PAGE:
Last week, we applied Decks 1, 2, and 3 for a simple bassline over the changes of “Autumn Leaves.” This week, we’ll learn another set of basslines. Once you practice everything, you’re ready to play a full chorus of bassline (see below)!
Jazz Bass Practice Deck 5
These four cards break down two basslines in G Minor (the relative minor of Bb Major). Together, they’ll allow you to play a full chorus of basslines over “Autumn Leaves.”
For a tune like “Autumn Leaves,” you can build a full chorus of bassline by stringing together different four-bar “chunks.” The illustration below shows a full chorus of bassline using the music from Cards 4.1, 5.1, and 5.3. Note the circle at the end of measure 16. Here, there’s a slight variation in the bassline from Card 5.1.
Now that we’ve gone over basic right- & left-hand technique, as well as a Bb Major Scale, we can start playing actual basslines! For the fourth and final (for now) category, we’re focusing on bassline construction.
Jazz Bass Practice Deck 4
These four cards break down a basic, 4-bar progression in Bb Major (which you may recognize as “Autumn Leaves”). It stays in the same position as the Bb Major Scale – which we covered in the previous deck.
Notice that there are Roman Numerals listed on Card 4.1. This is a common way of describing chord progressions in jazz. In Bb, the ii (“two”) chord is Cmin7, the V (“five”) chord is F7, etc. Remember with the Bb Major Scale that C is the second scale degree, F is the fifth scale degree, etc. In jazz, ii-V progressions are incredibly common.
Here’s a little secret about bassline construction: it’s mostly scales (with some chromaticism thrown in for good measure…) For this reason, the third category of the Jazz Bass Practice Deck series focuses on scales.
Jazz Bass Practice Deck 3
These four cards break down a 1-octave Bb Major scale. Spoiler alert: you’ll use this scale to construct simple basslines for “Autumn Leaves” in the next few decks. Bb Major is a good key to start with because 1) it’s super-common in jazz and 2) it lies in the 1st-3rd fret/position covered in Deck 2 (you may want to review Deck 1 while you’re at it…)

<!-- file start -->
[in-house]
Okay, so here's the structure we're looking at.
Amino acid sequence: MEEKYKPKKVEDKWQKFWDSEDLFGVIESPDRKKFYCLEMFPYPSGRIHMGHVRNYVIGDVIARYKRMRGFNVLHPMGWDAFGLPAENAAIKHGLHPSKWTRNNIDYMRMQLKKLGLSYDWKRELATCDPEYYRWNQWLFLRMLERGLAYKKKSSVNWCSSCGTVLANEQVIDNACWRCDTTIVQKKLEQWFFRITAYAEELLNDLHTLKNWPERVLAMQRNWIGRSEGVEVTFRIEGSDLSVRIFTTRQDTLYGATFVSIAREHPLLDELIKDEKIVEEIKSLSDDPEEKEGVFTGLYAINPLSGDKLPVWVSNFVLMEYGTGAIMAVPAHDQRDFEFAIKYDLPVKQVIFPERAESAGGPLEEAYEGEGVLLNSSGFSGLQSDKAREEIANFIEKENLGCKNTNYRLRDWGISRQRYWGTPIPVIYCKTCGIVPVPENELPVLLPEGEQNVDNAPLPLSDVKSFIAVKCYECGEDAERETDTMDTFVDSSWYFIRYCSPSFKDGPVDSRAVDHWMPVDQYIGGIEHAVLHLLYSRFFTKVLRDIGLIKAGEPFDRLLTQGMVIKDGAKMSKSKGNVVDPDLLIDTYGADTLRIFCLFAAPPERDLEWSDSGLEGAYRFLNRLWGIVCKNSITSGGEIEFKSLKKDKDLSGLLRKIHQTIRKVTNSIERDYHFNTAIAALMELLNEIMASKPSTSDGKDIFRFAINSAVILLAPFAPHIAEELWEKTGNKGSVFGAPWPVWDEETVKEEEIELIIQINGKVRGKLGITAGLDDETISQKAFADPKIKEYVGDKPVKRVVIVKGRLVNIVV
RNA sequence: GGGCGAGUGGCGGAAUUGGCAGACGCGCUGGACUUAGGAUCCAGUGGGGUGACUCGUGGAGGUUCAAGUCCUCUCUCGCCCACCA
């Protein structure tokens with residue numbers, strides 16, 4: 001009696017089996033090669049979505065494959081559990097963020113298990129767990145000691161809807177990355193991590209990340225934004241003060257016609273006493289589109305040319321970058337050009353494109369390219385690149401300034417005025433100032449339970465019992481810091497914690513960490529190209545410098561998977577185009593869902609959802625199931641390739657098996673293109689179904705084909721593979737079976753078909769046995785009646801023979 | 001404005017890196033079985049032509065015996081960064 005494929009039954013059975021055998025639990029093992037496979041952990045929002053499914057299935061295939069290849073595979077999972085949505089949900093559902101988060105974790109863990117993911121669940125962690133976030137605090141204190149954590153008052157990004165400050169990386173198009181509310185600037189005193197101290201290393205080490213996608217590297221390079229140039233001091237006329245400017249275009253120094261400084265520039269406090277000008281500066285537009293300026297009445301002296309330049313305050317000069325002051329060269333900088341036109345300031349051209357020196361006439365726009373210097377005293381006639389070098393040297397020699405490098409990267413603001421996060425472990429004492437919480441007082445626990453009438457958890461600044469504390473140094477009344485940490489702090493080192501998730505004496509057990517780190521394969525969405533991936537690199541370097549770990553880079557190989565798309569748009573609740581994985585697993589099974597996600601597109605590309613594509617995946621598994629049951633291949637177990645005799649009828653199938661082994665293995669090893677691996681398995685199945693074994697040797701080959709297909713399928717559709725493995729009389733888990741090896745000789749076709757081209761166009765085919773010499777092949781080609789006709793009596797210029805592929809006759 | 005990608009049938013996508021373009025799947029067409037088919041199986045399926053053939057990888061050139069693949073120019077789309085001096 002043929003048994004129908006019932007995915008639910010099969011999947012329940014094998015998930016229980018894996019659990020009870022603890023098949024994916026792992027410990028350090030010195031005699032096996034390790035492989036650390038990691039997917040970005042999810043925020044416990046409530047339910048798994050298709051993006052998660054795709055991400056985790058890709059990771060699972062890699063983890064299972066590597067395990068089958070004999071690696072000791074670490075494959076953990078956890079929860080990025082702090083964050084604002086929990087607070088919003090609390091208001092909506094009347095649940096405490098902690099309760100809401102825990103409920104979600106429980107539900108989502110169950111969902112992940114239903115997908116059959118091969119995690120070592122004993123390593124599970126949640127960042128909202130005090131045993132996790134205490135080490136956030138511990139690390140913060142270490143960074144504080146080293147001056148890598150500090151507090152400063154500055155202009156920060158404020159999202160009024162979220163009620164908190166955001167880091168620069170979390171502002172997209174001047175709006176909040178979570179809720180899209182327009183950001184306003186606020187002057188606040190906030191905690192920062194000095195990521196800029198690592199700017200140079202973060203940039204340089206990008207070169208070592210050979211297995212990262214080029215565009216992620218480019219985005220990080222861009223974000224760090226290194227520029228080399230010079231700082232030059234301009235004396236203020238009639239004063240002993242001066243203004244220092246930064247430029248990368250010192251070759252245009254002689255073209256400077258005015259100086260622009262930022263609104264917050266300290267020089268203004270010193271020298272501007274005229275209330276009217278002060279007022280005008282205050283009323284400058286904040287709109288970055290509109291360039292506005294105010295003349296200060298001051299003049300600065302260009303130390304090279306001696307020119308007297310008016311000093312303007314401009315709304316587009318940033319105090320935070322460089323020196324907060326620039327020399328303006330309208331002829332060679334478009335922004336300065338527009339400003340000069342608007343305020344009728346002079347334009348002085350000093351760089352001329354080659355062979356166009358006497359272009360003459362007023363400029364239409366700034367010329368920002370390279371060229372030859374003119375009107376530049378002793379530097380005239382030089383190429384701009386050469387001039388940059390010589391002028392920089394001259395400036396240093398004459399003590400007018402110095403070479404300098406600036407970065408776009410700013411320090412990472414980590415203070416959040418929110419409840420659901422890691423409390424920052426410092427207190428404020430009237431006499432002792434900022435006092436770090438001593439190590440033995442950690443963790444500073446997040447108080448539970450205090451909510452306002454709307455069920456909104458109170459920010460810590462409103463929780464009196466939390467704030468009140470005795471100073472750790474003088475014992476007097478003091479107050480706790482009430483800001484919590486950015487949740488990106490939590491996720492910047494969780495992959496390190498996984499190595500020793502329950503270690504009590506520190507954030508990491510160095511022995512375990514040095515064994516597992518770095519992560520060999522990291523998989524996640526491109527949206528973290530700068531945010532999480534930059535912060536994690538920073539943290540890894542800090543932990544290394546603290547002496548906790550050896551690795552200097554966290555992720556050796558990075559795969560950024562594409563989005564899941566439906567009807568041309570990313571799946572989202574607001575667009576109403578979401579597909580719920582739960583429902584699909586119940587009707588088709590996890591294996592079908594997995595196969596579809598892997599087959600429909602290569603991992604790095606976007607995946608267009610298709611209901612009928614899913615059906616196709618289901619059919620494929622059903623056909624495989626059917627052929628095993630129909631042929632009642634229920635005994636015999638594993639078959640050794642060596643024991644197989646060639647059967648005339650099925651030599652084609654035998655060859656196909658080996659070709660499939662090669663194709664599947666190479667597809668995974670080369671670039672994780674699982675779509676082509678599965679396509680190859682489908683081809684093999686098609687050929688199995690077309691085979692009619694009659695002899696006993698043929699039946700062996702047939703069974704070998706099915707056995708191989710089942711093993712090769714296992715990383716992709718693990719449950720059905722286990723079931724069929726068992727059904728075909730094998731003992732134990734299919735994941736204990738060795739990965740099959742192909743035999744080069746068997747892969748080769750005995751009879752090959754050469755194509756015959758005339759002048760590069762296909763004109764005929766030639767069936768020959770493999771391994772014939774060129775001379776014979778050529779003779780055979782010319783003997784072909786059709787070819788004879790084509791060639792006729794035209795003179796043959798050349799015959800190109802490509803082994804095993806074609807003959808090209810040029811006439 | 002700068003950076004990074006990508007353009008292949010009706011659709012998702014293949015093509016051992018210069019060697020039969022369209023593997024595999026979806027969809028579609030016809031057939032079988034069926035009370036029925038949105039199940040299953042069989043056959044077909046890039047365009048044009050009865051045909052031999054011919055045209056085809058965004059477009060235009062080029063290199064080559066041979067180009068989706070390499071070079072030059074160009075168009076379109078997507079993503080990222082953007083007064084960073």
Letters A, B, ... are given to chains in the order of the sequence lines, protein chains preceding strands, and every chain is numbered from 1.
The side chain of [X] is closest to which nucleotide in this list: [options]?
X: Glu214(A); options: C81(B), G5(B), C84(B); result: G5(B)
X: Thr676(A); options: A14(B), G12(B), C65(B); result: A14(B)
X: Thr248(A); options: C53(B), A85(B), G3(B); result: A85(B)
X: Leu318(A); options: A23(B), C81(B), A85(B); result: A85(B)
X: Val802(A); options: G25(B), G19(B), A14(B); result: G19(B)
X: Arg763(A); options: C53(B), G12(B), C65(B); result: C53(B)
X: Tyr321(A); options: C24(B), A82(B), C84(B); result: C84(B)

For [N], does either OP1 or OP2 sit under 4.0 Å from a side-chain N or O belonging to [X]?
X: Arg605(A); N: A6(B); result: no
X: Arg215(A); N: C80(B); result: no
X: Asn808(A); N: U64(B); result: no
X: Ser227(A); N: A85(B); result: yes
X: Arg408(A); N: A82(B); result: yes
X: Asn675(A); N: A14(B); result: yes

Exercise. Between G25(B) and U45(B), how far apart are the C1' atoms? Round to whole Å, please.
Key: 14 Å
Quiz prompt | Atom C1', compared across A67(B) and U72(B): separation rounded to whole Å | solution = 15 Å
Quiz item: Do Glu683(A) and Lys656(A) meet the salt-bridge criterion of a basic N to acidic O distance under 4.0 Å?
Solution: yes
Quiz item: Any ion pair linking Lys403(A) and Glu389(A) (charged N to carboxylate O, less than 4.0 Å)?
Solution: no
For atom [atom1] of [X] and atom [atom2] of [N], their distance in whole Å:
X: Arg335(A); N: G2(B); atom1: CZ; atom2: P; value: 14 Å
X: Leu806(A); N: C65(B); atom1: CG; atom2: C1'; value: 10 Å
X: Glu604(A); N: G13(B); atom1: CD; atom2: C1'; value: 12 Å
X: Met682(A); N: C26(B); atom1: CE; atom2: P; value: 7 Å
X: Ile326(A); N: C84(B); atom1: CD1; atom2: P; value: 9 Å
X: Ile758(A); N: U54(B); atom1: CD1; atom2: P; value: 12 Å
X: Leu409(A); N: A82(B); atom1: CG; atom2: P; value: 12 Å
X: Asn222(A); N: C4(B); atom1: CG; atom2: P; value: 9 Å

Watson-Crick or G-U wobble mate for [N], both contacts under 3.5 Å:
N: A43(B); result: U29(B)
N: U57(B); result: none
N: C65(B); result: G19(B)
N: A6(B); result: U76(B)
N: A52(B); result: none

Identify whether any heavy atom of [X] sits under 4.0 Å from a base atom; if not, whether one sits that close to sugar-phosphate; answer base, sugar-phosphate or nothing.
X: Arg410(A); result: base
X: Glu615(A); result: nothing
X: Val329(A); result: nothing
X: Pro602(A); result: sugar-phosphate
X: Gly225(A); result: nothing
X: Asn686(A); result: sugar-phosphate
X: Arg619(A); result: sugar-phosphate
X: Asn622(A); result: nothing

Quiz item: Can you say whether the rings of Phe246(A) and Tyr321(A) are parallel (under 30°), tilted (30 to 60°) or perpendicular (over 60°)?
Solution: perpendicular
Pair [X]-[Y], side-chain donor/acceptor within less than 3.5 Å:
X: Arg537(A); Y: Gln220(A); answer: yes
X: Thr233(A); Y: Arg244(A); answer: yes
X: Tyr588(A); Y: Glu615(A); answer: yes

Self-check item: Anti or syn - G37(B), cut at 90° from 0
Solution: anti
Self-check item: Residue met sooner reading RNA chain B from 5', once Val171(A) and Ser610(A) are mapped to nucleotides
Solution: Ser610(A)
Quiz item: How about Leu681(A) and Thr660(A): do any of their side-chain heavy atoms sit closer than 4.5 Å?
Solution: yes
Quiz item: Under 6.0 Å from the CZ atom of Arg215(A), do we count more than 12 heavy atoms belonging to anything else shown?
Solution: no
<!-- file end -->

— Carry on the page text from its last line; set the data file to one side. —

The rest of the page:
Don’t despair if you’re not used to practicing scales the way they’re written in this deck (repeating the octave at the top and root at the bottom). This is to get you used to putting the root on beat ‘1’ of each bar (a common tendency in basslines).
This week’s deck introduces left-hand technique using upright fingering patterns. Once you have this and basic right-hand technique down (see Deck 1), you’ll be able to start playing basic scales and basslines – which will be the topic of the next few weeks’ decks!
For several years, I toyed with the idea of creating a “fitness deck for practicing jazz bass.” I took a long hiatus to make a career transition that’s finally paying off and I’m finally able to get back to making cards. Once I get settled into my new life, I’ll get back to filming episodes of the Pogcast – elaborating on the cards.
Jazz Bass Practice Deck 1
These four cards cover the basics of 2-finger pizzicato and are a good warm-up for players of all levels. I’ll be designing the cards for beginner players with some theory knowledge (particularly educators who want to walk basslines in ensembles). See below for photo and PDF versions of the cards. Feel free to ask any questions or post any comments!